Maryam Ghazisaeidi lead quantum materials research funded by DoD
Materials Science and Engineering (MSE) Associate Professor Maryam Ghazisaeidi has received funding from the U.S. Department of Defense (DoD) for work connecting dislocations of mechanical metallurgy to condensed matter physics for quantum applications.
The DoD announced $220 million in awards for basic research projects as part of the Multidisciplinary University Research Initiative (MURI) Program. At an average award amount of $7.1 million over five years, these competitive grants will support 31 teams located at 61 U.S. academic institutions, subject to satisfactory research progress and the availability of funds.
Professor Ghazisaeidi is the lead PI for the multidisciplinary project Dislocations as One Dimensional Quantum Matters. This effort builds on ideas from mechanical metallurgy to propose an entirely new way of addressing major challenges in quantum computing.
The research team includes MSE Professor Roberto Myers and Associate Professor Tyler Grassman, as well as University of Chicago Professors of Molecular Engineering David Awschalom and Giulia Galli. Several students and postdocs at Ohio State also will be hired to help with the research.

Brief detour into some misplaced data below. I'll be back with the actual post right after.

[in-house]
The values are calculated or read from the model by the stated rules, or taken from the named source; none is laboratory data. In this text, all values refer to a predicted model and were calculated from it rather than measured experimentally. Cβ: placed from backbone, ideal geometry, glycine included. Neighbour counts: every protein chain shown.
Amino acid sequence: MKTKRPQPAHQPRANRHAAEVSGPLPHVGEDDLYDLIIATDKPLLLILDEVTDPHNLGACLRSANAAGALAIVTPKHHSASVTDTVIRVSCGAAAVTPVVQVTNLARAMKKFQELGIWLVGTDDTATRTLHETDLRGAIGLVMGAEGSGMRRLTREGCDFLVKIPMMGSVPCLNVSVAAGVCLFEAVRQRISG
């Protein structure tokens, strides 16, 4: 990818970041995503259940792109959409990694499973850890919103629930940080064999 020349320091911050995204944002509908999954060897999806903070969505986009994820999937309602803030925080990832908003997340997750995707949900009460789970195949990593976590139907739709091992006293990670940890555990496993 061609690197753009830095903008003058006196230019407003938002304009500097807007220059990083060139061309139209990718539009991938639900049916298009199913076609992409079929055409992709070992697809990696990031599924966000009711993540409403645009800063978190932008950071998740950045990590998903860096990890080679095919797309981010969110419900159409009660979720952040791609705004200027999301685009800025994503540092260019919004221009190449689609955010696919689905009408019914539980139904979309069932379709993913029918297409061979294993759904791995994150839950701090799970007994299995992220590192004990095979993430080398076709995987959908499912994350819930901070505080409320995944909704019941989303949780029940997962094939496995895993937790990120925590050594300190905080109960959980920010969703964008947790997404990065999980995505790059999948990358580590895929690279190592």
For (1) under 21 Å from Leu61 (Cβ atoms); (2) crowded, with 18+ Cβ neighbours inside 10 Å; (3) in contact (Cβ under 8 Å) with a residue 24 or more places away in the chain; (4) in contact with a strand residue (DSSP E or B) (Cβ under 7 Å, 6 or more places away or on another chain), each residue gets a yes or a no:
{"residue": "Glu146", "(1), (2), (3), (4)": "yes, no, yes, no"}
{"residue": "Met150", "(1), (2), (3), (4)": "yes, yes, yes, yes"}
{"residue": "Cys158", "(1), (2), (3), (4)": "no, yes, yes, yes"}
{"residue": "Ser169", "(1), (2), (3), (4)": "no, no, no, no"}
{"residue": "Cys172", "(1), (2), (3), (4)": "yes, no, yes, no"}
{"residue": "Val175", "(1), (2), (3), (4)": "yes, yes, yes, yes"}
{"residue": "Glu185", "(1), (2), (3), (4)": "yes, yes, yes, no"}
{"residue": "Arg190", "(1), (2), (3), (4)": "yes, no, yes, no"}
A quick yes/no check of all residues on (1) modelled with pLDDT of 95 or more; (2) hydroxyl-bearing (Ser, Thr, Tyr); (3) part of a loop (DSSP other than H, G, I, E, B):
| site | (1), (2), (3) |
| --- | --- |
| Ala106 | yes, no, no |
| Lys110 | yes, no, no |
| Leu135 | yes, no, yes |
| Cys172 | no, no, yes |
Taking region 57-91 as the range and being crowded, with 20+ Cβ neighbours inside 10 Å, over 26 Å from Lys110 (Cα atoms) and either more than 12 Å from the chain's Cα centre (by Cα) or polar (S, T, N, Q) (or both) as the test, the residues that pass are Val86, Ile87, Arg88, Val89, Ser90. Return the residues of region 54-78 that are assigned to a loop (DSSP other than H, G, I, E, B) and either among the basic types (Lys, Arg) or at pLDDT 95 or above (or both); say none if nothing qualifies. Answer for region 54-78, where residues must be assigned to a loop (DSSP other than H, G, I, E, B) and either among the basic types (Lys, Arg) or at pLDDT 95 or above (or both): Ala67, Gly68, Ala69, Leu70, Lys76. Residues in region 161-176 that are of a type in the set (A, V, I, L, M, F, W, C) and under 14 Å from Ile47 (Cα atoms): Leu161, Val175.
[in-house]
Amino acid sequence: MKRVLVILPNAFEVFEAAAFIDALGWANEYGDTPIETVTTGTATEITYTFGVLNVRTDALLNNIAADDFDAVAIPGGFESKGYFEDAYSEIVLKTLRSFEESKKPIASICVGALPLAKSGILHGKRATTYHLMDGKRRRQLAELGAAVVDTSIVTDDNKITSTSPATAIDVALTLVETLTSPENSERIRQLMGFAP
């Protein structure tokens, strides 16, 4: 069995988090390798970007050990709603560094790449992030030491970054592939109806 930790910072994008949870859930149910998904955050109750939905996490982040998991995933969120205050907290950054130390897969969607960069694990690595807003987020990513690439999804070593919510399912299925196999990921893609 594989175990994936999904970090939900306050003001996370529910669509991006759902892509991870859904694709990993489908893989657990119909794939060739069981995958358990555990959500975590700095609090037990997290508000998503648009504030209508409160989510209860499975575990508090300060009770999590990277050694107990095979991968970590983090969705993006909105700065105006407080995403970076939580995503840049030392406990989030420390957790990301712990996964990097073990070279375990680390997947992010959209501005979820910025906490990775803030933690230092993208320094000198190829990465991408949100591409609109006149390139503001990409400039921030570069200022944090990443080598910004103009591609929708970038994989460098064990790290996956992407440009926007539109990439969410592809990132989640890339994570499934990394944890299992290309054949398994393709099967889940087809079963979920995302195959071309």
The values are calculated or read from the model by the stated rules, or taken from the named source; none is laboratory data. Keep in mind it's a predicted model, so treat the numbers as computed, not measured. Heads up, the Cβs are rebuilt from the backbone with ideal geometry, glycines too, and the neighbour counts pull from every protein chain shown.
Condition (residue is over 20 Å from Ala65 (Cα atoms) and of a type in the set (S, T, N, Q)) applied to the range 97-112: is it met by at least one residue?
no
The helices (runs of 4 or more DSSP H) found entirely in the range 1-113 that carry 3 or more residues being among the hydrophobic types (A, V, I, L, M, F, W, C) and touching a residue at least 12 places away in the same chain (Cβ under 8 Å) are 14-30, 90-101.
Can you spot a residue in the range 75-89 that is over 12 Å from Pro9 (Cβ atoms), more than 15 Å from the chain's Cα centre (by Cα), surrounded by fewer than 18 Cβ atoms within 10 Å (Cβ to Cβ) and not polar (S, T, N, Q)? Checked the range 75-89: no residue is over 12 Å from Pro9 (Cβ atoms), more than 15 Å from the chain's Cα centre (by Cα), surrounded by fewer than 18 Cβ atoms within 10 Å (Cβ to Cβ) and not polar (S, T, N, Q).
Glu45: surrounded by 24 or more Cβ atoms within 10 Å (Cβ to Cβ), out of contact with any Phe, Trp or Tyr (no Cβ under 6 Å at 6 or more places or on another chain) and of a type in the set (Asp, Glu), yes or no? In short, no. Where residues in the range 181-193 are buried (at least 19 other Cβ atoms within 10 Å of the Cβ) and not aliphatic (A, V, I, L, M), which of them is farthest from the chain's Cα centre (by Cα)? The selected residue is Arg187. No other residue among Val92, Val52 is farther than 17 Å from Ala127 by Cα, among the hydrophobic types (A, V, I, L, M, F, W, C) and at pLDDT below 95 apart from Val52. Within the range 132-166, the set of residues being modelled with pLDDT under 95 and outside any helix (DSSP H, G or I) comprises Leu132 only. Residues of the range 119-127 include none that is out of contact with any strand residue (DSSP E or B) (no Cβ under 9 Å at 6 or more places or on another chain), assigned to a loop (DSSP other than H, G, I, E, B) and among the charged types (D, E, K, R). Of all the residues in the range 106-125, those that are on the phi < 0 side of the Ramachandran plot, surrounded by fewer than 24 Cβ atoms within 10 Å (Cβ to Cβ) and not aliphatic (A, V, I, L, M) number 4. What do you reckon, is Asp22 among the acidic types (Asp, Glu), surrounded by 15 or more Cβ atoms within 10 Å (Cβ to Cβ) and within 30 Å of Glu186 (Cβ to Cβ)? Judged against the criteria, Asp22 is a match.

The team will develop and employ an integrated computational-experimental framework to predict, create, and control line defects in crystals and their interaction with quantum bits (qubits) which are the units of information in quantum computing and quantum information. A new paradigm of materials will be designed by combining mechanical metallurgy, semiconductor epitaxy, and solid-state quantum information, becoming the foundational science underpinning the production of highly scalable patterned spin qubit networks.
An estimated $7.5 million will support the multidisciplinary research team over five years. This program will firmly position the Ohio State University as a leading force in the rapidly growing field of quantum computing and quantum materials, solidifying its prominent role among the key players in this cutting-edge domain.
“The MURI program has a long-standing history of funding research teams with creative and diverse solutions to complex problems,” said Under Secretary of Defense for Research and Engineering Heidi Shyu. “Not only does the program enable scientific breakthroughs with direct relevance for DoD applications, it also has been used to create and sustain new fields of inquiry. It is a program with a powerful legacy of scientific impact and remains a cornerstone of DoD’s basic research portfolio.”